How does Polonius react to the news of Hamlet’s strange behavior? · He thinks Hamlet is just mad because Ophelia dissed him. 3. What evidence of Hamlet’s affections for Ophelia exists? · He tells Ophelia he loves her and does not love her, thinks she should never have trusted him but wants her to go away to a nunnery for her own protection.
“To be or not to be, that is the question; whether’ tis nobler in the mind to suffer...” (Shakespeare Act 3, Scene 1). This quotation proves Hamlet becomes inferior to others and the environment through his madness, causing him to express himself explicitly towards others. Hamlet’s madness not only causes his loved ones lives but it allows his “end” to come because he accepts every challenge from his opponent. Hamlet’s madness not only affects him but Ophelia, who is mentally torn apart by Hamlet. Ophelia was once flawless, but since her encounter with Hamlet she has fallen into the same madness and wants to kill herself.
Different events throughout the play lead these relationships to change, and lead both Romeo and Juliet to distrust their parental figures. For example when the Nurse, whom Juliet trusts deeply, refers to Romeo as a “dishclout” despite knowing that he is Juliet’s husband, this then leads Juliet to distrust the Nurse. When Capulet’s “fingers itch” after Juliet has disobeyed him, this could also be seen as failure on Capulet’s part to be a good parent. Some may argue that these events are examples of how Romeo and Juliet are failed by their parents and parental figures. In Act 3 scene 5 it could be argued that Juliet is failed by both her parents.
They loved each other so much, that they would die for each other. Although these two characters loved each other it didn’t guarantee happiness, for their love was forbidden and impossible before it ever began. The characters in the play that had misfortunate love were Romeo, Juliet, and Paris. Romeo had two loves, romantically, in this play. His love for Rosaline which was not returned therefore resulted in a depression.
Rosaline is unobtainable, just like Juliet was at first. Romeo's words for his love for Rosaline are very insincere and he discusses his love for Rosaline using sad language "Aye me sad hours seem long", "In sadness, cousin, I love a woman." When Benvolio asks who he loves, Romeo does not give a straight answer but instead complains that she does not return his love "From Love's weak childish bow she lives uncharmed."
This is one area in which perhaps Macbeth as a tragic hero is distinct, as in other cases, such as Julius Caesar, he ignores his wife's advice. If Macbeth's tragic flaw is his ambition, in other tragic heroes the hamartia is different. In King Lear, for example, Lear is undone by his own strong pride that causes him to mistake his two unfaithful daughters to be faithful and to identify the one daughter that loves him truly as being ungrateful. Cordelia's response in honestly only giving her father the love that it is her duty to give backfires disastrously, even though she retains her integrity, as Lear ends up disowning her: Here I disclaim all my parental care, Propinquity, and property of blood, And as a stranger to my heart and me Hold thee from this forever. Lear's tragedy is made in the foolish decision that his pride drives him to in Act I scene 1, and he is distinct from the tragic hero of Macbeth in the nature of his tragic flaw and in the fact that throughout the play he is only surrounded by characters who love him, support him and want what is best for him.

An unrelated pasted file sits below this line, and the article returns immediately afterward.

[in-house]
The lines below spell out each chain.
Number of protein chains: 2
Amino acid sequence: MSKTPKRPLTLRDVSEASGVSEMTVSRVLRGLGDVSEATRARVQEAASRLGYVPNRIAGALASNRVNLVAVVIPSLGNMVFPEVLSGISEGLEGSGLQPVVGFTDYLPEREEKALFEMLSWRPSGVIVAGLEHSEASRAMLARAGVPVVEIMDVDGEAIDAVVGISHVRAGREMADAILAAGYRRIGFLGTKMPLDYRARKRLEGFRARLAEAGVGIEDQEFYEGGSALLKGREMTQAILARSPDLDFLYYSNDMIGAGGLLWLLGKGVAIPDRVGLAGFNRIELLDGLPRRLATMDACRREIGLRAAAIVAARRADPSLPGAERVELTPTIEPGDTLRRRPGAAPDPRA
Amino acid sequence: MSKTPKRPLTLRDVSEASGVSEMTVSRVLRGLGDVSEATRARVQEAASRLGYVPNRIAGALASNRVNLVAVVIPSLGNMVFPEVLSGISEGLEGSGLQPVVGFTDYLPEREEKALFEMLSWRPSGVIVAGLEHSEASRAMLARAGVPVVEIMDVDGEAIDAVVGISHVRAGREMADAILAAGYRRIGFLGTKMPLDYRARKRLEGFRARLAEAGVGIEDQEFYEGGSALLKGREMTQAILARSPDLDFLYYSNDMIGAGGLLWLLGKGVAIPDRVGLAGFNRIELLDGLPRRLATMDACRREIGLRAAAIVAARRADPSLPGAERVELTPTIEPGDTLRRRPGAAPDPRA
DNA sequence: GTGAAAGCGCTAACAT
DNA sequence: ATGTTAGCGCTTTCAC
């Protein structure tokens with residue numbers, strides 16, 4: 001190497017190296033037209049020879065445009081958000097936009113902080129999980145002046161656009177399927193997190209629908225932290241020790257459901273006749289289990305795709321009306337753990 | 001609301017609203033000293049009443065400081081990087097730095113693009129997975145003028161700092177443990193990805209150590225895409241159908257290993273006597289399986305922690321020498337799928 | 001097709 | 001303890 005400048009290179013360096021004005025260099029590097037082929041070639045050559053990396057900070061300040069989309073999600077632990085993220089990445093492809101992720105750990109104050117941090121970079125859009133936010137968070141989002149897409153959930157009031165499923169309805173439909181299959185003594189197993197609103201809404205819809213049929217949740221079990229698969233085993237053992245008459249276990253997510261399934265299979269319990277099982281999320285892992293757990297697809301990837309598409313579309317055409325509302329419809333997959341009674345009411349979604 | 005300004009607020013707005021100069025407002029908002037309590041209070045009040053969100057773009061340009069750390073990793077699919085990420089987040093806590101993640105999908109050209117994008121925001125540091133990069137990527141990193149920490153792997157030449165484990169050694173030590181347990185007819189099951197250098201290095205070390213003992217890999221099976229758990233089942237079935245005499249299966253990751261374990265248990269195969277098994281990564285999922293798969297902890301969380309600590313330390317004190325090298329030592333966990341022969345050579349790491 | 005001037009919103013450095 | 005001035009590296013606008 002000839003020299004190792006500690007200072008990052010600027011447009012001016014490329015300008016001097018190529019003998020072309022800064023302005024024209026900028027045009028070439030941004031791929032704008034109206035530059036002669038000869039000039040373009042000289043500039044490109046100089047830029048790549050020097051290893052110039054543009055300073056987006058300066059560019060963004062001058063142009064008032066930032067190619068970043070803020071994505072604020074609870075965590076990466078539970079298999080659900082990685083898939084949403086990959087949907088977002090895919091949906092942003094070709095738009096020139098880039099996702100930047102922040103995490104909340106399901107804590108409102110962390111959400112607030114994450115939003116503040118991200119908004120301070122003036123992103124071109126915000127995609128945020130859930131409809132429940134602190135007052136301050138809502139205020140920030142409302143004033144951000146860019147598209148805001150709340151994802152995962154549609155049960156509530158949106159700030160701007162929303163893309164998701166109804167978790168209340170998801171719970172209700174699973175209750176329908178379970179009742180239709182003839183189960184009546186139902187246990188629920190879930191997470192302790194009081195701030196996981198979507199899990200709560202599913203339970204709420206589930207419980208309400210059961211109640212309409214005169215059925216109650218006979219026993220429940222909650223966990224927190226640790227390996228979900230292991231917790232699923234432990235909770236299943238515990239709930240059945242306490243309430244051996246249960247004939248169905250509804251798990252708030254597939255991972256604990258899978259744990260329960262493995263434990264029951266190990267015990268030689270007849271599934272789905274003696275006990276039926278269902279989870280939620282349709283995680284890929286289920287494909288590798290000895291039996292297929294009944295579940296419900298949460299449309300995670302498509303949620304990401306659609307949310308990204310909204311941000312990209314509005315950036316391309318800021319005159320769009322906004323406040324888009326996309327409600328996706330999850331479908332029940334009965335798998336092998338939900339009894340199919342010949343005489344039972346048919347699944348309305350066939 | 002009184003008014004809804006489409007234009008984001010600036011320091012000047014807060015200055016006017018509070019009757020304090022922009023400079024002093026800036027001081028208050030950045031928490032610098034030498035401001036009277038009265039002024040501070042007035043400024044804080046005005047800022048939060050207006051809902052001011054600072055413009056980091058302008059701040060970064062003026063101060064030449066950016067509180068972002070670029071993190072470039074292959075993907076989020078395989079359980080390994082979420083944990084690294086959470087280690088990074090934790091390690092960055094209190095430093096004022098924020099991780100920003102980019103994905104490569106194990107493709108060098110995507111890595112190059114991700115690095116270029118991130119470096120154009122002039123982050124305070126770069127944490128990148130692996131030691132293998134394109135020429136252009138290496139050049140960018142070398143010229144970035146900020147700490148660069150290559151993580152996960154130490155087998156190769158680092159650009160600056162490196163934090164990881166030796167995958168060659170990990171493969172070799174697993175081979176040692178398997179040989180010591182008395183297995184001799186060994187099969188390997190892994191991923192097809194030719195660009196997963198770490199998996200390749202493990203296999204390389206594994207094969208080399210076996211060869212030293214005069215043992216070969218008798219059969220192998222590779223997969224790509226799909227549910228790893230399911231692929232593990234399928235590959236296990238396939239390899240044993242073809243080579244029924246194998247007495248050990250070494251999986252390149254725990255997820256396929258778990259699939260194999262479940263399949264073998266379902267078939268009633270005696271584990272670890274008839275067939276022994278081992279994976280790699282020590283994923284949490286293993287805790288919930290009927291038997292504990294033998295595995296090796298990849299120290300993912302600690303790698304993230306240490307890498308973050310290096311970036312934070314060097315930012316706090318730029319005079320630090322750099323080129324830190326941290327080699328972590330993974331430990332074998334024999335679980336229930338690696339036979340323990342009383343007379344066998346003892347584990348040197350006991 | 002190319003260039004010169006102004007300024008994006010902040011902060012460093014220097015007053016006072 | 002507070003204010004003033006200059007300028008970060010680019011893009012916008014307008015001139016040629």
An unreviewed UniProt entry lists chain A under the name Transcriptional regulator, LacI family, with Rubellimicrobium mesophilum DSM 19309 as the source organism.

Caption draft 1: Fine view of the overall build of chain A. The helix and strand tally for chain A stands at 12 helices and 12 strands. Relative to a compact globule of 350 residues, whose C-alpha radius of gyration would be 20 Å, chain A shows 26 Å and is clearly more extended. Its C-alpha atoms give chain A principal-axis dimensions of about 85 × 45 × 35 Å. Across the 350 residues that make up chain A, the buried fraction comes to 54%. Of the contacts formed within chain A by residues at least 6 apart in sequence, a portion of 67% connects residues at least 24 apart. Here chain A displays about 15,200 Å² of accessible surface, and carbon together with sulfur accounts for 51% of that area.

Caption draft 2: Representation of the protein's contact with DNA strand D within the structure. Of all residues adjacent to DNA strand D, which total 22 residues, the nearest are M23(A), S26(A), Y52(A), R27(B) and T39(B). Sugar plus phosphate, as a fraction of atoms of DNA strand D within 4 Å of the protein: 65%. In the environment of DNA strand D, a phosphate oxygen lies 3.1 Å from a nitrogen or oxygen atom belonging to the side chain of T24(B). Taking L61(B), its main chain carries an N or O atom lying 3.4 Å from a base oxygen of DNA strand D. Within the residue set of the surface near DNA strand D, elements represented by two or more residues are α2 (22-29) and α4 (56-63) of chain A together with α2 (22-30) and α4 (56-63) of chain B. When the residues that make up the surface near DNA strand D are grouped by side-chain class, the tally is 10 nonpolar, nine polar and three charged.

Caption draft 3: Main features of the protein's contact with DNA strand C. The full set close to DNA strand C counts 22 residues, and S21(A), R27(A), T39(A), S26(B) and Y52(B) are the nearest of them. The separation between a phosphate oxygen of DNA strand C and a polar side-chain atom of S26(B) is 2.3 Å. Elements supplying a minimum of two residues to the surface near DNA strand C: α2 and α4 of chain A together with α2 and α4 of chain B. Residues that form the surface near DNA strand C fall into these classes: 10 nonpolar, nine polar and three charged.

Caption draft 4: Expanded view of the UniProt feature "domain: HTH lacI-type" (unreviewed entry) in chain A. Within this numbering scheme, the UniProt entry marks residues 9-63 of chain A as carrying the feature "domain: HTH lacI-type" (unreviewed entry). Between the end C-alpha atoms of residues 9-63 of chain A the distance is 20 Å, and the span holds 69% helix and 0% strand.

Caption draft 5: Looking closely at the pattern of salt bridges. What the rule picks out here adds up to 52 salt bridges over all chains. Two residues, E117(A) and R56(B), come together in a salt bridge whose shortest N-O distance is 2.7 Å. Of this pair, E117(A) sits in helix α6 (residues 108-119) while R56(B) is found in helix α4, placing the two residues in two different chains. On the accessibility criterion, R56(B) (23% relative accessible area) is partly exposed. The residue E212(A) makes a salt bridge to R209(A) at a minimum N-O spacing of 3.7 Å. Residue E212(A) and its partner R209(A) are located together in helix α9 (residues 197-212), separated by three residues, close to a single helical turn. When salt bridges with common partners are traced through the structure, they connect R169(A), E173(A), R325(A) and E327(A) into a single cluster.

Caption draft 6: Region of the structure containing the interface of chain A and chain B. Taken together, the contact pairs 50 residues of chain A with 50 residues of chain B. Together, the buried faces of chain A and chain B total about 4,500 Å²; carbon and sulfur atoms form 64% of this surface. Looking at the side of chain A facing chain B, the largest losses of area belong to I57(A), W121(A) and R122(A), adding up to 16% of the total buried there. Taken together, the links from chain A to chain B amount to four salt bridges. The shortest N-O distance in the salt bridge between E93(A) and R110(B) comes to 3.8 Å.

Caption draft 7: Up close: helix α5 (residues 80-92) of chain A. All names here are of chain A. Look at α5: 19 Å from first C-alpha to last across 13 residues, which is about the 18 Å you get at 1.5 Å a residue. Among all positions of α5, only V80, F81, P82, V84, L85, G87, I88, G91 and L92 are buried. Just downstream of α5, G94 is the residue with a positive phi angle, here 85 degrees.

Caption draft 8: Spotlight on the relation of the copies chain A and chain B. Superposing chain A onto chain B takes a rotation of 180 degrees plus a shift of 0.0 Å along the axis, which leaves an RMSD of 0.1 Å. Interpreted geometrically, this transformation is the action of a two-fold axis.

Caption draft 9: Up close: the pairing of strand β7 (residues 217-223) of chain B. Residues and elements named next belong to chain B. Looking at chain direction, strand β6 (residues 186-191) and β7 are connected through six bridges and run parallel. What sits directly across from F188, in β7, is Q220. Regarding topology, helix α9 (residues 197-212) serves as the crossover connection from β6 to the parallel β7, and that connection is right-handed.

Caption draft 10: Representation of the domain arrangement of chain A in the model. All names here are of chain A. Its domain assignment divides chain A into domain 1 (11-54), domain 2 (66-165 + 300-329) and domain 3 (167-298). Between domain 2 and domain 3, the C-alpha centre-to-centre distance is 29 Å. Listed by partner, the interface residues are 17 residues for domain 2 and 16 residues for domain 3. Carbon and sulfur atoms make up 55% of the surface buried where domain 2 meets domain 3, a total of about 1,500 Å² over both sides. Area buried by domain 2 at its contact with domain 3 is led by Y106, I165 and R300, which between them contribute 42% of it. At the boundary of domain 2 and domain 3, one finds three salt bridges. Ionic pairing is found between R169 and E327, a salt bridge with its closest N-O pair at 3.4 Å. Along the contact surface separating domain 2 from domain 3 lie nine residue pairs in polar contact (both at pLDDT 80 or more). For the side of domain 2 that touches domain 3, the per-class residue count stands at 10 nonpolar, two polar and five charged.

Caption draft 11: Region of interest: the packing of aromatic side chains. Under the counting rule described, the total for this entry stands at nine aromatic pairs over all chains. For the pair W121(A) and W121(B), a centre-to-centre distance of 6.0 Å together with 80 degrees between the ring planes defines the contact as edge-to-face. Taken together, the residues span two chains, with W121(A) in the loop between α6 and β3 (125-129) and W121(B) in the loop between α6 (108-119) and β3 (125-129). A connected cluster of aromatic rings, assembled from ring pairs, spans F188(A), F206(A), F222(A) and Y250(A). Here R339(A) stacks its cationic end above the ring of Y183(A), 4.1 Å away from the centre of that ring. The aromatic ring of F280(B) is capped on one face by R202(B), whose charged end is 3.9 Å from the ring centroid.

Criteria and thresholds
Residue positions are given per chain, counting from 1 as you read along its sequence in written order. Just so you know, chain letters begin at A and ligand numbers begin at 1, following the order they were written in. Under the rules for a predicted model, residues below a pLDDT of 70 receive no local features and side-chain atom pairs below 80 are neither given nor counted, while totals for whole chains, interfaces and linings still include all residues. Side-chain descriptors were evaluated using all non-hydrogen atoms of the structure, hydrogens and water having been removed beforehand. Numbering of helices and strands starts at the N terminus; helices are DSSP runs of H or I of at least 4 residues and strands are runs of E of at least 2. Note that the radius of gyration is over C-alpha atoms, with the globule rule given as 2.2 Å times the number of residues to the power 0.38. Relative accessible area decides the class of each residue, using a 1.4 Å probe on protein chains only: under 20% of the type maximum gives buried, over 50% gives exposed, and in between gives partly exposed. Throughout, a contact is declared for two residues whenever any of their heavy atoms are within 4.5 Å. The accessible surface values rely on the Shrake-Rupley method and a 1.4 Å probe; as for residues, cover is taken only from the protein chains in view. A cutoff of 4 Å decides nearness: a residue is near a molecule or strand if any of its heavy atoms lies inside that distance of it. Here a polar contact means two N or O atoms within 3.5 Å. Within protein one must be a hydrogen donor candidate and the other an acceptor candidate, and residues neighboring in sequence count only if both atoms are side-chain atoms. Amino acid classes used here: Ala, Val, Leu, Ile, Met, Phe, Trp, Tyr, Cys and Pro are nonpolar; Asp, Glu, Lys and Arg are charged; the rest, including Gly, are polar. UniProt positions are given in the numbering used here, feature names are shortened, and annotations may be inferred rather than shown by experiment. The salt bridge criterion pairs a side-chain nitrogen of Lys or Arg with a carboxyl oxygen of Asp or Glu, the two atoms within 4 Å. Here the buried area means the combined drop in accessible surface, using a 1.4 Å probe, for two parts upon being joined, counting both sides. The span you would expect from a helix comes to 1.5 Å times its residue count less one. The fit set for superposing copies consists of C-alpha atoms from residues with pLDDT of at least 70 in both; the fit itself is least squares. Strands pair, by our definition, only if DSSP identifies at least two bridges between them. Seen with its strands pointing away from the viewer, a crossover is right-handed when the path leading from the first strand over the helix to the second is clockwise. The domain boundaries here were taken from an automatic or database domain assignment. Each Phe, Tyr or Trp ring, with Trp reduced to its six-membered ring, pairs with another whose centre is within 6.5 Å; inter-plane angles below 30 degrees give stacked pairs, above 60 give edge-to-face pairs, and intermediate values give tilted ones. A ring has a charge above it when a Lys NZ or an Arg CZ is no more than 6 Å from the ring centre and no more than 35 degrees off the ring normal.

Ophelia is the representation of absolute innocence and her downfall inspires our earnest goodwill, that is, we feel deeply sorry for her. A mere pawn in the machinations of her father Polonius, Ophelia's ultimate fate is a devastating one. She is rejected by Hamlet, and then loses her father at the hands of her lover. Ophelia's residence at the castle was dependent on her father's
Antigone’s sense of judgment grew more and more unclear due to her pride as she ignores Ismene’s advice to bury their brother in secret, but instead she tells Ismene, “oh, oh, no! shout it out. I will hate you still worse for silence-should you not proclaim it, to everyone” (2040). Her pride is also the source of her bravery that enables her to accept her fate and believes that it will be good to die and lay by her brother’s side to stand up for her beliefs. Antigone’s inhibitions grew even stronger when she is summoned to face her uncle, Creon, about her disobedient actions.
We learn that Hamlet had confessed her love to her but her brother warns Ophelia that as a prince, Hamlet can't choose who he is to marry and that he is probably just trying to steal her virginity. She shows how loyal she is to her brother when she tells him that she has locked her relationship with Hamlet in her memory and has given Laertes the key. As Laertes is leaving, their father Polonius enters the conversation. She tells him that she doesn’t fully comprehend Hamlet's affections but that he spoke “with almost all the holy vows of heaven.” Worried that Hamlet is not being honest with her, Polonius forbids her to be with him, to which Ophelia replies “I shall obey, my lord.” It is shown through Polonius and Laertes' talks with Ophelia that they believe she is innocent of mind and is lacking proper judgement in these situations. They also show how much they care for her and their protective nature towards her.
Everyman places his faith in material things, his friends, relatives and goods. These material things do him no good. Fellowship claims he "will not forsake thee to my life's end" (Everyman 213), yet when Everyman asks Fellowship to accompany him on his journey for redemption and ultimately death he "will not go that loath journey- / Not for the father that begat me!" (Everyman 268-269). By placing his faith in man rather than God, he does not receive "any more comfort" (Everyman 304).